Introduction: Ocular surface disease (OSD) is a major cause of ophthalmological consultation. Within this group, glaucoma patients constitute an important percentage due to the nature of their chronic topical treatment. Advances in the understanding of ocular surface pathology on both a cellular and molecular level, and the interaction to the toxic nature of some topical medication solution compounds, are stimulating the development of better alternatives in topical treatment.
Materials and Methods: Extensive review of available literature and current research on topical ophthalmological treatments in both OSD and glaucoma was performed. Emphasis was made on inflammatory modulators of the ocular surface and pathological changes associated with the use of preservatives in solutions, in particular benzalkonium chloride (BAK). Independent research is been also performed by the authors, using a rubbing-induced reflex tears collecting method with capillary tubes. Cytokines in tear samples were subsequently analysed with the multi-Plex System (Luminex®R-200). The 12 cytokines analysed using this method are the interleukins (IL)-1β, IL-2, IL-4, IL-5, IL-6, IL-7, IL-8, IL-10, IL-12, the tumour necrosis factor alpha (TNFα), the vascular endothelial growth factor (VEGF), the granulocyte-macrophage-colony stimulating factor (GM-CSF) and the interferon gamma (IFg).
Results: Our unpublished, preliminary results trend to show higher values in IL-5 and IL-6 in glaucoma patients than in normal controls.
Also, higher values in IL-2, IL-5 and IL-12 in DES patients were found versus normal controls.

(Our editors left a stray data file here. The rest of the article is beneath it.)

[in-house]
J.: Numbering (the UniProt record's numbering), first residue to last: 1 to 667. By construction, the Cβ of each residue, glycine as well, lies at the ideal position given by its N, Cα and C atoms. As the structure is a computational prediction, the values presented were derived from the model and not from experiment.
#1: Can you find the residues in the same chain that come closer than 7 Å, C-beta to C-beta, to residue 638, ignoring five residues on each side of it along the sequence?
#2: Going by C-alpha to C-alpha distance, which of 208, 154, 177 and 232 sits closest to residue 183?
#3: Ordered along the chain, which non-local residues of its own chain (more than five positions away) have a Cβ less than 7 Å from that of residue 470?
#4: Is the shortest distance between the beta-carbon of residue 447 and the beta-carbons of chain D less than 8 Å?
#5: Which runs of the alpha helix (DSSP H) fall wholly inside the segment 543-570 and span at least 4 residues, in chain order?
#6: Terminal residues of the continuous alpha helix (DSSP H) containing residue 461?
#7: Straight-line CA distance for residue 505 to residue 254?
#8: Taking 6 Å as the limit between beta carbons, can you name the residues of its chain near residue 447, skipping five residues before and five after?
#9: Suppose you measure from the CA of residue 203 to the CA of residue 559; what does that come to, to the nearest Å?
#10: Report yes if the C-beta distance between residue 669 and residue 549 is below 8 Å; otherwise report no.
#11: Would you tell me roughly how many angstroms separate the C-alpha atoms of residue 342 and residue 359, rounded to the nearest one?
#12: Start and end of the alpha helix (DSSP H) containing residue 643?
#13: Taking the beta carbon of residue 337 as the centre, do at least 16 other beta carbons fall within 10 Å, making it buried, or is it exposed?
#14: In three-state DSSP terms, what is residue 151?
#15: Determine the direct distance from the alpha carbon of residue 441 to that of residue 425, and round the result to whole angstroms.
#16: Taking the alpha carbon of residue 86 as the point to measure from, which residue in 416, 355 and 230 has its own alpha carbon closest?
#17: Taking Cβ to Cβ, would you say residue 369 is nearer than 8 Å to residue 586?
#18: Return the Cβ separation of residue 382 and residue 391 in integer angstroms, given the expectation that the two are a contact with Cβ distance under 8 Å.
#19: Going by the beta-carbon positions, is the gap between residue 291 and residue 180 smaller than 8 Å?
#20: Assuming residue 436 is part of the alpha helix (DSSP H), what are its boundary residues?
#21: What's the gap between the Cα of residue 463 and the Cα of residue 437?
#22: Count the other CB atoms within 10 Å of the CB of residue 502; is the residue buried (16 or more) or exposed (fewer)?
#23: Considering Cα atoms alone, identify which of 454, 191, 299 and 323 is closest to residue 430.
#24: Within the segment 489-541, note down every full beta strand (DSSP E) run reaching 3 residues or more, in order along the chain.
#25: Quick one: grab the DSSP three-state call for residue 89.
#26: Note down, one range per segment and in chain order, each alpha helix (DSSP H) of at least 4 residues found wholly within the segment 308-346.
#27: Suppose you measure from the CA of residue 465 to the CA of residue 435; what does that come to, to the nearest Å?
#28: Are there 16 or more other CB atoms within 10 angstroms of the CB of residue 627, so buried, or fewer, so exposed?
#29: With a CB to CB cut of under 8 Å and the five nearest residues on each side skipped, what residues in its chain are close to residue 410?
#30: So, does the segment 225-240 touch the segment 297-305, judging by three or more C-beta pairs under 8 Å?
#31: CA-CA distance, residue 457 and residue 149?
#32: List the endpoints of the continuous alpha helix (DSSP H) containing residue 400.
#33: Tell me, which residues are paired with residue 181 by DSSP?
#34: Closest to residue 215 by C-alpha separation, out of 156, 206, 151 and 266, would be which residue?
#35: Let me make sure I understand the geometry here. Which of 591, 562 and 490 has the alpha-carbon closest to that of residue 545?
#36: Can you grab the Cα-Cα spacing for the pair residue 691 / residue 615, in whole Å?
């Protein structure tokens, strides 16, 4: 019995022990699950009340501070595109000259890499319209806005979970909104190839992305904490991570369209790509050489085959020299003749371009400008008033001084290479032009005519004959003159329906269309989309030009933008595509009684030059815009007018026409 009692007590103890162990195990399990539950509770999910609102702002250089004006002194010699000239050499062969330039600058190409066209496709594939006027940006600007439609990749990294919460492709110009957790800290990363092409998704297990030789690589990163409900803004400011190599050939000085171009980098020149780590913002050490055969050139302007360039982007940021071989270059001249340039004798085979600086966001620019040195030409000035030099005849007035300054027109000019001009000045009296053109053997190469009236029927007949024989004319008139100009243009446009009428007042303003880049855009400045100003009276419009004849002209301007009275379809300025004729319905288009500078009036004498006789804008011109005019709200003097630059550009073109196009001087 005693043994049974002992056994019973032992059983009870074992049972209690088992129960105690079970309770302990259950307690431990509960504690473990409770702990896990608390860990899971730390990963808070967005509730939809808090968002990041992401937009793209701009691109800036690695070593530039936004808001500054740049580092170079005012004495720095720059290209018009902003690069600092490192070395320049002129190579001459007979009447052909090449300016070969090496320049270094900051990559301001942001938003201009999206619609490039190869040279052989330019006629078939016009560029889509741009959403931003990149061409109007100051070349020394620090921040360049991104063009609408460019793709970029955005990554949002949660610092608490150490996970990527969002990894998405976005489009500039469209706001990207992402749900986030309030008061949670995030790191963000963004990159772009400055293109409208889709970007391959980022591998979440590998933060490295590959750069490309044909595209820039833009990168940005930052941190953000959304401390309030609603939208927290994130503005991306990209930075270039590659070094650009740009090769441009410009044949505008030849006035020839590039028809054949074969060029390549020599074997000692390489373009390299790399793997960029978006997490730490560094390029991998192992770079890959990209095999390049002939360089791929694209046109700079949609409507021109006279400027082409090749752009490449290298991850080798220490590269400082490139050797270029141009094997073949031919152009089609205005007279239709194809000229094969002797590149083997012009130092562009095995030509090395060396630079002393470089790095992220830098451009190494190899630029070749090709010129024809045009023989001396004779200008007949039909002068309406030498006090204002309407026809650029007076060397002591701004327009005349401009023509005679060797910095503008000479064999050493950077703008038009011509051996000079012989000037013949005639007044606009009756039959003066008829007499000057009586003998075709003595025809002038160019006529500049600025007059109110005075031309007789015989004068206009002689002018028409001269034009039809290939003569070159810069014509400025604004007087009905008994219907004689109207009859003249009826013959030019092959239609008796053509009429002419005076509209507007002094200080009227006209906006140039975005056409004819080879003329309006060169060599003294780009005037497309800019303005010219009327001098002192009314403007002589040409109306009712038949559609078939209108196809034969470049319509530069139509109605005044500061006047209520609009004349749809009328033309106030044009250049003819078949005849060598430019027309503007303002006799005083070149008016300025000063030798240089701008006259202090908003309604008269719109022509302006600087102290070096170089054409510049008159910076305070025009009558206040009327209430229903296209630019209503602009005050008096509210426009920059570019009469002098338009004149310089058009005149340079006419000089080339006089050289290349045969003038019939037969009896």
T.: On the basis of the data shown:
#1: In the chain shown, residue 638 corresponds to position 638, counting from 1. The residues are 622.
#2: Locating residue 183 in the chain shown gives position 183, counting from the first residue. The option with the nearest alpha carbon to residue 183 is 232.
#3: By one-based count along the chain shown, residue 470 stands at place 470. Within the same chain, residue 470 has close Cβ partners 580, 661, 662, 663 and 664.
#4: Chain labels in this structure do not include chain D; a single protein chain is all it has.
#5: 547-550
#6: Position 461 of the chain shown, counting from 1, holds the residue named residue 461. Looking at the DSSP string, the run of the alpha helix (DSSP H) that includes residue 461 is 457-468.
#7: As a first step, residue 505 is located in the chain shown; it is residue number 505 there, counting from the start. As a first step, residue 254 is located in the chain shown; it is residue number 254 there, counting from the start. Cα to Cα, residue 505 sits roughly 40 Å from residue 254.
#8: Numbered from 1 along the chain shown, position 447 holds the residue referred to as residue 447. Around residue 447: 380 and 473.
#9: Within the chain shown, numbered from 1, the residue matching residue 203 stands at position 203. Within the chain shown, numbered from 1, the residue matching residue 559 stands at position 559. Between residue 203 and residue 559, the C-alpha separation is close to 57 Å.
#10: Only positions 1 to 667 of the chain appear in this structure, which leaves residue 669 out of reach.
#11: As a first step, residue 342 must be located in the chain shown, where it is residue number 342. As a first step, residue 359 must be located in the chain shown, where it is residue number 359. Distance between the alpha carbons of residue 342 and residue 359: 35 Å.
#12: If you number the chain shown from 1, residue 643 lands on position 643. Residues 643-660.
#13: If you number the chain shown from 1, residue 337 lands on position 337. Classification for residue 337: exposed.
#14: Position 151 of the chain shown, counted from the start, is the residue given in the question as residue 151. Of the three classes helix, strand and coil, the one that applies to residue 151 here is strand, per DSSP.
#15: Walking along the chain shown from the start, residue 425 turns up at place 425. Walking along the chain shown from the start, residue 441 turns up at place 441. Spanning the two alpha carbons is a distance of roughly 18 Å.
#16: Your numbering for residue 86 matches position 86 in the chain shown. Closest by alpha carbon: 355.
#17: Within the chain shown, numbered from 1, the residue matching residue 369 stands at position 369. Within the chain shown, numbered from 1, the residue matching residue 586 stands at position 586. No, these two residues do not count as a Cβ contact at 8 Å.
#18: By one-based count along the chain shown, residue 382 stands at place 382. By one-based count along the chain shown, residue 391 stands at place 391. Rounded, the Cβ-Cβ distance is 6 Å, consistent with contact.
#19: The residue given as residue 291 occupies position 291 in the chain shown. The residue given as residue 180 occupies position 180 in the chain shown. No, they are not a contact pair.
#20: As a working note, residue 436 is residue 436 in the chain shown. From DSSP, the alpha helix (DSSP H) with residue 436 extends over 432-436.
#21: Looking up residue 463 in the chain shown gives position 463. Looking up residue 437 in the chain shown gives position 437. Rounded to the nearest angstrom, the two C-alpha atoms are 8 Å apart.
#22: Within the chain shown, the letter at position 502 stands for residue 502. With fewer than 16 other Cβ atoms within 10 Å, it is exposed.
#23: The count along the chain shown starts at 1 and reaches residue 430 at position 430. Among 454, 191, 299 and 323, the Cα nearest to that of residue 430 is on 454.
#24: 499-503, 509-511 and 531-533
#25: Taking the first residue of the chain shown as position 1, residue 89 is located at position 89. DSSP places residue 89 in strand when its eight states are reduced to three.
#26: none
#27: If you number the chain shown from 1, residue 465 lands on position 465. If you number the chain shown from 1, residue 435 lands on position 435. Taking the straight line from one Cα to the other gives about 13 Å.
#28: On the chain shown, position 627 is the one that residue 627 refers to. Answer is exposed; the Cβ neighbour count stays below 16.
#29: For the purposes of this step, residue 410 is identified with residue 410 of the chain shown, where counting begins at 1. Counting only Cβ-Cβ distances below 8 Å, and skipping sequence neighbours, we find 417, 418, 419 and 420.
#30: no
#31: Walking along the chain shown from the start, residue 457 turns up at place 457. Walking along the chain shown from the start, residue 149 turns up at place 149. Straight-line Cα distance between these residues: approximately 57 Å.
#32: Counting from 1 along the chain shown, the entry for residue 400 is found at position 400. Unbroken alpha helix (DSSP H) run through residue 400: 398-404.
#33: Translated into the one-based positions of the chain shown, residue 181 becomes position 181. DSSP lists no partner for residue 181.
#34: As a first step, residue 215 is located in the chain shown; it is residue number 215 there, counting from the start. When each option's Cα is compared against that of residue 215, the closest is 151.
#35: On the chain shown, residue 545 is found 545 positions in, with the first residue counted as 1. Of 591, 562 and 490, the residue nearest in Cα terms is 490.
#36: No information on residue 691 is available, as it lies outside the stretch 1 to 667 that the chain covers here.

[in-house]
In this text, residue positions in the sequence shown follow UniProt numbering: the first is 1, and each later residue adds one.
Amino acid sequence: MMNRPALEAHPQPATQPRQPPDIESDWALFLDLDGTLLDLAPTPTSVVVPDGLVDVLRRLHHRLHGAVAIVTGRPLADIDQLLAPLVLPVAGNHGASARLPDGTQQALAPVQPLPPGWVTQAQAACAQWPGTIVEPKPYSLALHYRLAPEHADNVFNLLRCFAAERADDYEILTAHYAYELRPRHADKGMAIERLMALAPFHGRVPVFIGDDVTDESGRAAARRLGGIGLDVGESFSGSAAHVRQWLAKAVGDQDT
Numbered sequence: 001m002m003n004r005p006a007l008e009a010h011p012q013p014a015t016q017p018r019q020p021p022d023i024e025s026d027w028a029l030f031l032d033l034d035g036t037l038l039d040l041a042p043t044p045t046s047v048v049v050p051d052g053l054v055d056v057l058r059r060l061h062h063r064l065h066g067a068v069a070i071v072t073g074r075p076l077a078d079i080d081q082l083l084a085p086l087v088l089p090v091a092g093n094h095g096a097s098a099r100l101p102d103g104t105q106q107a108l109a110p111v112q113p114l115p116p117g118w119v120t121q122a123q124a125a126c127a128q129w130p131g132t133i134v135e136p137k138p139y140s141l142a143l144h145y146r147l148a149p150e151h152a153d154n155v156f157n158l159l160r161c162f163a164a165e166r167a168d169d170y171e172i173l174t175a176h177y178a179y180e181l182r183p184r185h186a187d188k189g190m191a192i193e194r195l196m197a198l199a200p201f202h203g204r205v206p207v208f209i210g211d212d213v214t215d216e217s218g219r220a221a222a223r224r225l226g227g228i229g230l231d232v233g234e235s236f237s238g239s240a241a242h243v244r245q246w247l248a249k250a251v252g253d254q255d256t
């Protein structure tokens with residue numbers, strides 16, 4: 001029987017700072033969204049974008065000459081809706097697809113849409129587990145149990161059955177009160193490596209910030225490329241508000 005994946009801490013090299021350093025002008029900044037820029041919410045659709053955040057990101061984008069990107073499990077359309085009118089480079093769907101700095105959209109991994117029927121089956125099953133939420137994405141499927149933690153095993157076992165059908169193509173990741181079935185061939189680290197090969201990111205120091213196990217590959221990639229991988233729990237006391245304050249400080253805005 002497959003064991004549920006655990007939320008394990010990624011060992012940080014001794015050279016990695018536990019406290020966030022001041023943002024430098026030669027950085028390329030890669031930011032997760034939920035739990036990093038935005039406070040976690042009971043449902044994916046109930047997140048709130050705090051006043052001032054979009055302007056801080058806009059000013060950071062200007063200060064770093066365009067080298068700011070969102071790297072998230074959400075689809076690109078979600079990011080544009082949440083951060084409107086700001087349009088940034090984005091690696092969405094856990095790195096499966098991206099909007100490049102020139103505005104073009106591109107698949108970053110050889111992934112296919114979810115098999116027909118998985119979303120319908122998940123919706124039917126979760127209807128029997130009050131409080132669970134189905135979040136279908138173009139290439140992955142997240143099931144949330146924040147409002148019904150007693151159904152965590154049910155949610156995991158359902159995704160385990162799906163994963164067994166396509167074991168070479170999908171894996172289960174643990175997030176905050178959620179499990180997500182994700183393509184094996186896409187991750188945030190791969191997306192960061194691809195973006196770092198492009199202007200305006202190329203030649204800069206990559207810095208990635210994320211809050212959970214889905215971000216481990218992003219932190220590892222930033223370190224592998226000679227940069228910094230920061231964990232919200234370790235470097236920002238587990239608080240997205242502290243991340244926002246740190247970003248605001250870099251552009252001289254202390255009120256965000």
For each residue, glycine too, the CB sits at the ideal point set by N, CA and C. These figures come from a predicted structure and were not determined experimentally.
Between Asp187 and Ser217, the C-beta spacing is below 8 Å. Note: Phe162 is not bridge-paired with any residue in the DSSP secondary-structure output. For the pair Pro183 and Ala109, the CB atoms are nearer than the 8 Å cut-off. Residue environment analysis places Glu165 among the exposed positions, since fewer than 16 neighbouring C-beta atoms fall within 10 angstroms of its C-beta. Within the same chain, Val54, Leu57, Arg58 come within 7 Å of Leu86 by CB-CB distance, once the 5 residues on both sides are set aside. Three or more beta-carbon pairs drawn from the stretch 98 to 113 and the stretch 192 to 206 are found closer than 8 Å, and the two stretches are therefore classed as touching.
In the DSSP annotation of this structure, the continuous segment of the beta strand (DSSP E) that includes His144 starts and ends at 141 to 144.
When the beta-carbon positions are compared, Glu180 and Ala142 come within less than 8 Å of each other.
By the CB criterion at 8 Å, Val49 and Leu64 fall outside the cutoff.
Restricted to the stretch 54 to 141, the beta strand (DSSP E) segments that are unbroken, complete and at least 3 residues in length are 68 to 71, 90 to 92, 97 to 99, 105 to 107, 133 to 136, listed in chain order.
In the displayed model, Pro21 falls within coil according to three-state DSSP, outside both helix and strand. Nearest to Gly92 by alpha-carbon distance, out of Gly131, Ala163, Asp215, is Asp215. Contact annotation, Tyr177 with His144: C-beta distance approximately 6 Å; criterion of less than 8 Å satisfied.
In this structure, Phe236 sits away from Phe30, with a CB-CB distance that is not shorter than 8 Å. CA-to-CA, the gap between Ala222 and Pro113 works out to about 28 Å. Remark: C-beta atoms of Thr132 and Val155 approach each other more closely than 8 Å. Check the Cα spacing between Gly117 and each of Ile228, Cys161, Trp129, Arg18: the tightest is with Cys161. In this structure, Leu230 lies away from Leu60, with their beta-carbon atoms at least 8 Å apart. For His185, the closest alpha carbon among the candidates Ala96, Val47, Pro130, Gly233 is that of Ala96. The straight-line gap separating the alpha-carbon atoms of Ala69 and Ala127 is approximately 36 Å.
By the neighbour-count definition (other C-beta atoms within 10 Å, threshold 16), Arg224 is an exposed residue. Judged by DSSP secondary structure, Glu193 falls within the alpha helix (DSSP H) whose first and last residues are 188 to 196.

Conclusions: Inflammation is an important element in OSD and strong association seems to exist between this and the use of BAK
preservative. New kinds of preservative molecules, as well as single-dose eye drops and sophisticated dispensing bottle mechanisms are
currently available on the market in order to avoid the secondary effects of this topical treatments, increasing patient compliance and
adherence to chronic topical glaucoma treatment.
Ocular surface, glaucoma, benzalkonium chloride, preservatives, conjunctiva, cornea, inflammation
The authors have no conflicts of interest to declare.
Javier Benitez-del-Castillo, Plaza Monti, 7 Bajo, 11403 Jerez (Cadiz), Spain. E: firstname.lastname@example.org
Share this Article
Related Content In Ocular Surface Disease
Tear Film Biomarkers in Dry Eye Disease
US Ophthalmic Review. 2020;13(2):68-72 DOI: https://doi.org/10.17925/USOR.2020.13.2.68
Dry eye disease is a chronic condition that affects the corneal surface, and is clinically characterized by loss of tear volume and increased evaporation of tears.1,2 The definition of dry eye disease has evolved since it was first recognized over 30 years ago, with advanced research resulting in a better understanding of the disease pathophysiology.3 The official […]
Dry Eye – Can You Cry?
European Ophthalmic Review. 2019;13(2):81–6
Journal articles and more to your inbox
Get the latest clinical insights from touchOPHTHALMOLOGYSign me up!